As I wrote two summers ago, there was a great irony in the idea of Super 8 being sold as the great summer original in a sea of mediocre sequels and reboots. The J.J. Abrams sci-fi drama sold itself as a diamond in the rough only to find itself facing off against one of the strongest mainstream summers in recent memory. So it is the case with Lionsgate's seemingly failed Alex Cross. I've long written about how the inexplicable death of the James Patterson film franchise signaled a sea change in Hollywood. Despite earning $74 million in America on a mere $30 million budget, Along Came A Spider was the second and last of the Morgan Freeman-starring Alex Cross thrillers. That Paramount, which once counted on pulpy, star-driven, adult-skewing (and often R-rated) thrillers as their bread-and-butter, would forsake what seemed to be a profit machine signaled that something was changing. As I've written before, 2001 was a game-changer for mainstream Hollywood in a number of major ways. One of the major wind changes we saw was the slow death of the adult-driven mid-budget genre film in favor of 'all tentpoles-all the time'. As I discussed earlier this year, the last two years has seen a real resurgence in just the kind of film that Kiss the Girls represented. Irony of ironies, when Alex Cross did return, the movie-going world didn't need him anymore.
When the Alex Cross reboot was announced two years ago, first as an Idris Elba project and then as a Tyler Perry vehicle, it seemed to signal a return of the kind of old-school pulp that used to be the industry's prime mainstream picture. But Hollywood was already getting the idea. Over the last two years, especially during much of 2012, we've seen a nearly non-stop parade of mid-to-low budget star-driven genre pictures, the kind that the studios allegedly don't make anymore. We've had The Town, The Lincoln Lawyer, Safe House, Looper, and Argo just to name but-a-few off the top of my head. We've seen such a glut of mainstream adult-skewing fare that the marketplace is arguably cannibalizing each other. Three years ago we would have been thrilled to see something like End of Watch. This year it's just one of many of its ilk fighting to stand out in the crowd. Four years ago something like Seven Psychopaths would have likely flourished as the adult moviegoers's prime choice, yet today it has been completely buried against the mainstream pleasures of Ben Affleck's Argo. Just one reason why cinema is indeed *not* dead is the current overflow of adult content at multiplexes everywhere. Up against some genuinely terrific grown-up movie-going choices, a C-level B-movie like Alex Cross didn't stand a chance, whether it starred Elba or Perry. The James Patterson series has indeed returned, but it's too little, too late.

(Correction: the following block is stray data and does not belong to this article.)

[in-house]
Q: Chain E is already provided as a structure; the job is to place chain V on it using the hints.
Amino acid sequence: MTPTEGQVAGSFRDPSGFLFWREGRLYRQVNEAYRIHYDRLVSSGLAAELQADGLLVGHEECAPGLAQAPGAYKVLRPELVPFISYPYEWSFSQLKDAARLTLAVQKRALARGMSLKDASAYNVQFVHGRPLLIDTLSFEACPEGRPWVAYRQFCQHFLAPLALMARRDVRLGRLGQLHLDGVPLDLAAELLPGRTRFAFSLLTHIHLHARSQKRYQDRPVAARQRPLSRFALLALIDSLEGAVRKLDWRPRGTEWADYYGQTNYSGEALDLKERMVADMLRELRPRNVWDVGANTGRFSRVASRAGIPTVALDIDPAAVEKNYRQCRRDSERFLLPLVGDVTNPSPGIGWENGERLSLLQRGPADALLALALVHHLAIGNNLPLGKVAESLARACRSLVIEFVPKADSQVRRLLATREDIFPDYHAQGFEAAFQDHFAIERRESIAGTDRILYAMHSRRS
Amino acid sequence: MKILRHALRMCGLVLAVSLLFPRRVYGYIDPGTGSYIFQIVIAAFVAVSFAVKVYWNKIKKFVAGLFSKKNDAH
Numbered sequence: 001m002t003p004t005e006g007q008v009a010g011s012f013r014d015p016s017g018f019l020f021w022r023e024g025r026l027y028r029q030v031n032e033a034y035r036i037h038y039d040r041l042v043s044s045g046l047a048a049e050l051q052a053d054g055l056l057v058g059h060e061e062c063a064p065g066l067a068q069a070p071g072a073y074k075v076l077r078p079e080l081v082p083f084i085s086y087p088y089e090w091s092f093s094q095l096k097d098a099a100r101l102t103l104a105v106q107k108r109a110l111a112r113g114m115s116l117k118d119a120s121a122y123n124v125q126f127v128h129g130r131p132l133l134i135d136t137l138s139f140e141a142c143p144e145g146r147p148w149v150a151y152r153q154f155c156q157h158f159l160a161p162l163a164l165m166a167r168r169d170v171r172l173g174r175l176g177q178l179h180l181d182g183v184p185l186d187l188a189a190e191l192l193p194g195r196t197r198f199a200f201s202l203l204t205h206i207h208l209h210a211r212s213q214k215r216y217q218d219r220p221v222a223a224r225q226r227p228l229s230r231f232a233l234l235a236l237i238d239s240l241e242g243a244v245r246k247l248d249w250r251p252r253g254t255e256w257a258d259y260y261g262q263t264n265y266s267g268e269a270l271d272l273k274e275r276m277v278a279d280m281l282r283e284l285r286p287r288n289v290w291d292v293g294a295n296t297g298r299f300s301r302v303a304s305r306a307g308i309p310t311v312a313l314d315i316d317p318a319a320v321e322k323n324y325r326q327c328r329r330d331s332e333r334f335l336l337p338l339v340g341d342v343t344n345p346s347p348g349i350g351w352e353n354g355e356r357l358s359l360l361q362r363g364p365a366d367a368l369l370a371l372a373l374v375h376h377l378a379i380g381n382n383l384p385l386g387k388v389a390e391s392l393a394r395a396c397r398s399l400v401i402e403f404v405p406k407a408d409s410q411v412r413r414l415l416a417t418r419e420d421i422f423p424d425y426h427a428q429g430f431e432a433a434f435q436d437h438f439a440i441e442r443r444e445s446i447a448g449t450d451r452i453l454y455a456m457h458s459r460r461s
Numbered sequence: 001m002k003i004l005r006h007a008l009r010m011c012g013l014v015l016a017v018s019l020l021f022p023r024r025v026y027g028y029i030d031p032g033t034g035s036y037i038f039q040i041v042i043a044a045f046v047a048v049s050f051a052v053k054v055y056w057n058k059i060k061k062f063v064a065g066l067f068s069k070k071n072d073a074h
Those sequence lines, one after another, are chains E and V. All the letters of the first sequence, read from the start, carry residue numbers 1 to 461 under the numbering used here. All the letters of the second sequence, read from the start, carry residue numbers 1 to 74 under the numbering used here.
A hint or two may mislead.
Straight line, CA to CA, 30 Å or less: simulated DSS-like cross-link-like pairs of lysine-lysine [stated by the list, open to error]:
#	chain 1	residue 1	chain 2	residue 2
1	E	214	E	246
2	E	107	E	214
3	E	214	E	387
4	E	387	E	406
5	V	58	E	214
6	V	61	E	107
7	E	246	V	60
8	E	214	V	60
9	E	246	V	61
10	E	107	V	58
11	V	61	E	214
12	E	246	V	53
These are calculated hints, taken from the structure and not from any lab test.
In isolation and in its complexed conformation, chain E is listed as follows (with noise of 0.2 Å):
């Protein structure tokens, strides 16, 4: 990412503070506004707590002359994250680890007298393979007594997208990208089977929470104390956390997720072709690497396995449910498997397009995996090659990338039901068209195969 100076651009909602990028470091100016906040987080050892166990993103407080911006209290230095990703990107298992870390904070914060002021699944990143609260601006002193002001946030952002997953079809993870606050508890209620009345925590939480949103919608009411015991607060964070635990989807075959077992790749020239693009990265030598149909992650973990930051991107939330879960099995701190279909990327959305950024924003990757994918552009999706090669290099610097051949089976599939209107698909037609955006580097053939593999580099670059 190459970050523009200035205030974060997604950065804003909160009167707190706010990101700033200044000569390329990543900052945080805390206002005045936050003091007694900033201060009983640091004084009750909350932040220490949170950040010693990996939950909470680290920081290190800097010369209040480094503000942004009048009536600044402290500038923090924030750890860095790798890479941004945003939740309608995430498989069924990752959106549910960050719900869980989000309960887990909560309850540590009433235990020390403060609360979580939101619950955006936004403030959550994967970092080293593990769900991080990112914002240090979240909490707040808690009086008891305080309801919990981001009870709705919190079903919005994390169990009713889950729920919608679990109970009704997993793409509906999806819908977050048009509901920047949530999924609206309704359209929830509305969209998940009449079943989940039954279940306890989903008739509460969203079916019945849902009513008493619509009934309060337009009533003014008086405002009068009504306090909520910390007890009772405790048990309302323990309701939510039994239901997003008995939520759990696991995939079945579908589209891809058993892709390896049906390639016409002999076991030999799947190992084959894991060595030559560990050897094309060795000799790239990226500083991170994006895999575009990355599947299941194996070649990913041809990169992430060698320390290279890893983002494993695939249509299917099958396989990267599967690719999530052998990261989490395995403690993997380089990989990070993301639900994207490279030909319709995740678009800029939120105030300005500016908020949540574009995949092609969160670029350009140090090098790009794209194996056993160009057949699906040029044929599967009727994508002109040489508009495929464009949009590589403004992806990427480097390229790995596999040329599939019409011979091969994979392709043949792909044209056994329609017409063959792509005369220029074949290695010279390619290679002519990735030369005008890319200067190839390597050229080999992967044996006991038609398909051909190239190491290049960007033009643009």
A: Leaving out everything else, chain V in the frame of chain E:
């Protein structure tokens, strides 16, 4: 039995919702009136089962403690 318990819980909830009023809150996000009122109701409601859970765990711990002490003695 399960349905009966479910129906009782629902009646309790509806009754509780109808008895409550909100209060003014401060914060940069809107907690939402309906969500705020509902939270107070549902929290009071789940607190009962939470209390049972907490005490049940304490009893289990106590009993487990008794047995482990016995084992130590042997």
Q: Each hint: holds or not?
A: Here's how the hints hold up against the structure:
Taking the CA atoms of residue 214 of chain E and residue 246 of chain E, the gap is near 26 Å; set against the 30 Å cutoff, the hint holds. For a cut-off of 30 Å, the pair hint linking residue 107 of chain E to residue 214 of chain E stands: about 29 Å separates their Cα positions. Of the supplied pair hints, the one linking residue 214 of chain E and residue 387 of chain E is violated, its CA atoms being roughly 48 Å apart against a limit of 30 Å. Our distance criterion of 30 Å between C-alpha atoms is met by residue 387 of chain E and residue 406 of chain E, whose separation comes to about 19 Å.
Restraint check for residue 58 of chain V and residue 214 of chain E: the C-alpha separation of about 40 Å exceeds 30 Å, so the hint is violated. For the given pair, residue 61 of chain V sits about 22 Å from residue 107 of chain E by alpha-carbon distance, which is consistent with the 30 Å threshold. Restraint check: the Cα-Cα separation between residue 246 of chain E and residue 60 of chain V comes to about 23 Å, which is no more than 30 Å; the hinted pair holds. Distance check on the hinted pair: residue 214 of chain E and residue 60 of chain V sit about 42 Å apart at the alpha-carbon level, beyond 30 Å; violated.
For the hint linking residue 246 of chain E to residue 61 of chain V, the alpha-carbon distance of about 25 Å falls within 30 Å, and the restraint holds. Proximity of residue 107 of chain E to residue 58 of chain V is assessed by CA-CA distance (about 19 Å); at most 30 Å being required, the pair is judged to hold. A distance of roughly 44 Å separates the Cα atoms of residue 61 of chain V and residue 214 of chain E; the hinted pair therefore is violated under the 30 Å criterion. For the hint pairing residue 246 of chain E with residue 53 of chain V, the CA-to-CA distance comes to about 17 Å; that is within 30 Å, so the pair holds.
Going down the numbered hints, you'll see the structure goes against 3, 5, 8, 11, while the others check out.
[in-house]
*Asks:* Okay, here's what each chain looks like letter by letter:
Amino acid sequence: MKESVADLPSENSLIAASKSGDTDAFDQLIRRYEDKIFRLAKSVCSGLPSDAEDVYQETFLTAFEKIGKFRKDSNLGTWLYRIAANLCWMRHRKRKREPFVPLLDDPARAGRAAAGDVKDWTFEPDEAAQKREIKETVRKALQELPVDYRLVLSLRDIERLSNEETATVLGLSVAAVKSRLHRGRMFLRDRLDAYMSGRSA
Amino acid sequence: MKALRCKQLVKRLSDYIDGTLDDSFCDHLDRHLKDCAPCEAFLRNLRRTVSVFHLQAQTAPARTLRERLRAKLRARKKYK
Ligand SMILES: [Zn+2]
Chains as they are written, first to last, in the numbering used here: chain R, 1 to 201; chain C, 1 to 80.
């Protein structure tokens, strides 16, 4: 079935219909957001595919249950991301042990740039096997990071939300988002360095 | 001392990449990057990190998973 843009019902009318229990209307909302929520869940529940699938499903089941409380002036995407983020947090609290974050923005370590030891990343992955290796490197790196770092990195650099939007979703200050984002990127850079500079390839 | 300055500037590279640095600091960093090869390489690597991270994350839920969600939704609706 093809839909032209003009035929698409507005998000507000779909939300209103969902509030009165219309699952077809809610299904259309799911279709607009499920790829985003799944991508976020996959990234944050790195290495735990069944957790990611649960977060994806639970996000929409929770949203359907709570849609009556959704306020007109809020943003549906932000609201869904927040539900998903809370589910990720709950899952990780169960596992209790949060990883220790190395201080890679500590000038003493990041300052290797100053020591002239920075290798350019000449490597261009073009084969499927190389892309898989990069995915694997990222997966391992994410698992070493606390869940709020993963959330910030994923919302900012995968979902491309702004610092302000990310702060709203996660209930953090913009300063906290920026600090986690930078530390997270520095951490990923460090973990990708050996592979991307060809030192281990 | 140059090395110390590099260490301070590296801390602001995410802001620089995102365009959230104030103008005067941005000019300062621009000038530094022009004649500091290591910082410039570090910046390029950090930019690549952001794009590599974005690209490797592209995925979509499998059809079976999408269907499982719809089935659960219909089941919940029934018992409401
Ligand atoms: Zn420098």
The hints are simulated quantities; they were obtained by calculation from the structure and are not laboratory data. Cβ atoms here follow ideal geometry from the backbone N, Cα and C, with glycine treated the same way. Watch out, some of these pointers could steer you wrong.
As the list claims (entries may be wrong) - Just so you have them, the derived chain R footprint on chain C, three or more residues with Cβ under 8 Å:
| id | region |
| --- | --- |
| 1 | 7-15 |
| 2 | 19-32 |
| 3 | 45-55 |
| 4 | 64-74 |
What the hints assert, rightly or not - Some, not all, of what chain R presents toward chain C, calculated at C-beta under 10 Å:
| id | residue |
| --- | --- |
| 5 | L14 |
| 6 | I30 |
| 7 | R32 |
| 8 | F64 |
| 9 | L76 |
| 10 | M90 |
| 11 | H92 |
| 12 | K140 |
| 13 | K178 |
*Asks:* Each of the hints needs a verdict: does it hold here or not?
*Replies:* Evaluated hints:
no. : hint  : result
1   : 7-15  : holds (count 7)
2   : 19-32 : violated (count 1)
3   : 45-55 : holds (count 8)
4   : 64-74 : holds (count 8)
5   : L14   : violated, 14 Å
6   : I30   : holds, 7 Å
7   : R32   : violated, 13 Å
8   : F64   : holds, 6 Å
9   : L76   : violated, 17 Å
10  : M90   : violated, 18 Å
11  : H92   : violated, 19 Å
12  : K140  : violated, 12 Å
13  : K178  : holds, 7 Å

Of course, perhaps the film could have succeeded even this weekend with different variables. Had the film maintained the R-rated content to go with its R-rated sensibilities, had the producers opted for an actor with less baggage, or had Perry been allowed to write and direct the project (which surely would have produced a far less generic and paint-by-numbers product), or had the stars aligned to deliver a just-plain better film, maybe it would have made a difference. But in a different time, even a mediocre Alex Cross would have felt like a diamond in the rough. But in today's genre-rich movie going environment, mere mediocre existence wasn't enough to justify itself. When the kind of thrills offered by the James Patterson novels are available every week on CBS's Criminal Minds, we don't need a mediocre Alex Cross project. When the multiplexes are filled with old-school pulp fiction that aspires to greatness, we don't need a mediocre Alex Cross project. There may be a place for a James Patterson franchise in today's multiplexes. But in a sea of riches, it has to be much better than what moviegoers got this weekend. In a world filled with Loopers and Argos, Alex Cross just wasn't good enough.